Productivity: Redeeming Your Time

from Dec 31, 2014 Category: Articles

When I was a child in elementary school, people often asked me, “What is your favorite subject?” Invariably my response was one of two things. I either said, “recess” or “gym.” My answer revealed my deepest predilections. I preferred play to work. Indeed, my nascent philosophical musing regarding the cosmic “Why?” questions took place as I made a game of walking to school via tiptoeing along a long path, pretending I was a high-wire walker in a circus.

I asked myself the meaning of life wherein I had to spend five days a week doing what I didn’t want to do just so I could play on the weekends. I was always at the schoolyard a full hour before school began—not out of a zeal for getting a head start on my studies, but so I could “redeem” the daily grind by having an hour’s worth of fun on the playground before the school bell rang. For me, time redemption meant rescuing precious minutes of play from the required hours of work.

I’ve come to realize that when the apostle Paul exhorted his readers to “[redeem] the time, because the days are evil” (Eph. 5:16), my practices are not exactly what he had in mind. His was a solemn call to the productive use of one’s time in the labor of Christ’s kingdom.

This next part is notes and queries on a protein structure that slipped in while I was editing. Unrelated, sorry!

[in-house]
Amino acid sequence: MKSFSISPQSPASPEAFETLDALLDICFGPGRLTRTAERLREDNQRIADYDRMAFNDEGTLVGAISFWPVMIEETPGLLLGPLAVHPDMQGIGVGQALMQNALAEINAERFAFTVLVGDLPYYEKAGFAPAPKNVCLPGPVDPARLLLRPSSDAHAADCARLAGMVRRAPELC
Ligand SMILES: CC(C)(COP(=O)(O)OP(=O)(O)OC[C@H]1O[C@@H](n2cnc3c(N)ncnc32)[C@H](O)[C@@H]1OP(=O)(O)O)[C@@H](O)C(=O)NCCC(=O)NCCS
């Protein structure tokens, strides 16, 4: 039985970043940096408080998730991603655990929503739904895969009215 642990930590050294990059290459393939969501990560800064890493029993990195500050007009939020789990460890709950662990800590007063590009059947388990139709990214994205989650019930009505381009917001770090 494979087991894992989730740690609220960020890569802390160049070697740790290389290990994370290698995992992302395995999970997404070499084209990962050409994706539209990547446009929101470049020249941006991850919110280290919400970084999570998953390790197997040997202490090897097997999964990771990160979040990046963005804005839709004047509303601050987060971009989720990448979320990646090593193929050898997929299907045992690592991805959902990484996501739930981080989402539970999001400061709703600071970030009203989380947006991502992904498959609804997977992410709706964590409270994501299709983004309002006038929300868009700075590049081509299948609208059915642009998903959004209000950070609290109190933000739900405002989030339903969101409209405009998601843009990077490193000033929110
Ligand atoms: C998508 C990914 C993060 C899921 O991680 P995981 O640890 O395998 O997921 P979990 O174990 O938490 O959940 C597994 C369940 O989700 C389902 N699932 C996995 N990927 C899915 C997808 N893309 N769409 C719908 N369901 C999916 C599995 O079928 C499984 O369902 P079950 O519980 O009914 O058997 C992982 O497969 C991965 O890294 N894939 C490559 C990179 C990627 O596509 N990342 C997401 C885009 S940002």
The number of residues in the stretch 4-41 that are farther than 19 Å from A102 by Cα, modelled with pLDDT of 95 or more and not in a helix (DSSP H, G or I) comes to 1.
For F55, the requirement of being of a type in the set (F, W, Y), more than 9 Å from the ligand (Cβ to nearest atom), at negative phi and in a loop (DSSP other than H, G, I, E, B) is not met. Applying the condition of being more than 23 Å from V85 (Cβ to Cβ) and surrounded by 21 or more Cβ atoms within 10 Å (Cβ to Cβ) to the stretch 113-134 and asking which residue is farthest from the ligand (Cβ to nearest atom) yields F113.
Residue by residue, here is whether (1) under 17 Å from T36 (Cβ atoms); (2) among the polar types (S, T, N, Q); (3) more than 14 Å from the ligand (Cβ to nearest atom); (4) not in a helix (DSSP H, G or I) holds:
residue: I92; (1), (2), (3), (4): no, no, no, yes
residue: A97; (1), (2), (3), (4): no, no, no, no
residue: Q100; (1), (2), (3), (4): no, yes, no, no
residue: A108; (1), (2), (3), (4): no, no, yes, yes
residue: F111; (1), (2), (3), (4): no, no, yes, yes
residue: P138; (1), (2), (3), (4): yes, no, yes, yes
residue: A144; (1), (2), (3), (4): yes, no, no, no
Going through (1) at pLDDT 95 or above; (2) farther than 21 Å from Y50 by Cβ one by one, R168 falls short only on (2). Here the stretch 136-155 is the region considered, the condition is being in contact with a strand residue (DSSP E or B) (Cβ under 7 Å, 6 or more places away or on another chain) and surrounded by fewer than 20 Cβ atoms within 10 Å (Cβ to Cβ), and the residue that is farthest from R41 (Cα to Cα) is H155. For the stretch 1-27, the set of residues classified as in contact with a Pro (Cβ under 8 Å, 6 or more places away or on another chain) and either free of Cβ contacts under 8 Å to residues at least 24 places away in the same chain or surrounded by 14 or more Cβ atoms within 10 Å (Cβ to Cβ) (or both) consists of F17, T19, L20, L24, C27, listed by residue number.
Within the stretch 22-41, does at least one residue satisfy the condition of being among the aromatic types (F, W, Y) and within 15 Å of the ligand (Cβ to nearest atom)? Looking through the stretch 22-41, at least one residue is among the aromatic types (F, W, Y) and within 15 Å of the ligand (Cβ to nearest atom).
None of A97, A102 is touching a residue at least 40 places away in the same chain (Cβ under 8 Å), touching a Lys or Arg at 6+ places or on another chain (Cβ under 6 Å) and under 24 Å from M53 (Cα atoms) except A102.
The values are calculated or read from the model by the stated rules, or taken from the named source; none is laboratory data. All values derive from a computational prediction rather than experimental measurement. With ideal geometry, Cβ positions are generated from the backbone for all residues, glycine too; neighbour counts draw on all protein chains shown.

The Great Leveler

Time is the great leveler. It is the one resource that is allocated in absolute egalitarian terms. Every living person has the same number of hours to use in every day. Busy people are not given a special bonus added on to the hours of the day. The clock plays no favorites.

We all have an equal measure of time in every day. Where we differ from one another is in how we redeem the time allotted. When something is redeemed, it is rescued or purchased from some negative condition. The basic negative condition we are concerned with is the condition of waste. To waste time is to spend it on that which has little or no value.

The late Vince Lombardi introduced the adage, “I never lost a game; I just ran out of time.” This explanation points me to one of the most dramatic elements of sports—the race against the clock. The team that is most productive in the allotted time is the team that wins the game. Of course, in sports, unlike life, there are provisions for calling timeout. The clock in a sports contest can be temporarily halted. But in real life, there are not timeouts.

See also:

Scriptures for further study: Ephesians 5:15–16; Psalm 31:15; 1 Corinthians 7:29; Psalm 89:47; Hosea 10:12; Mark 13:33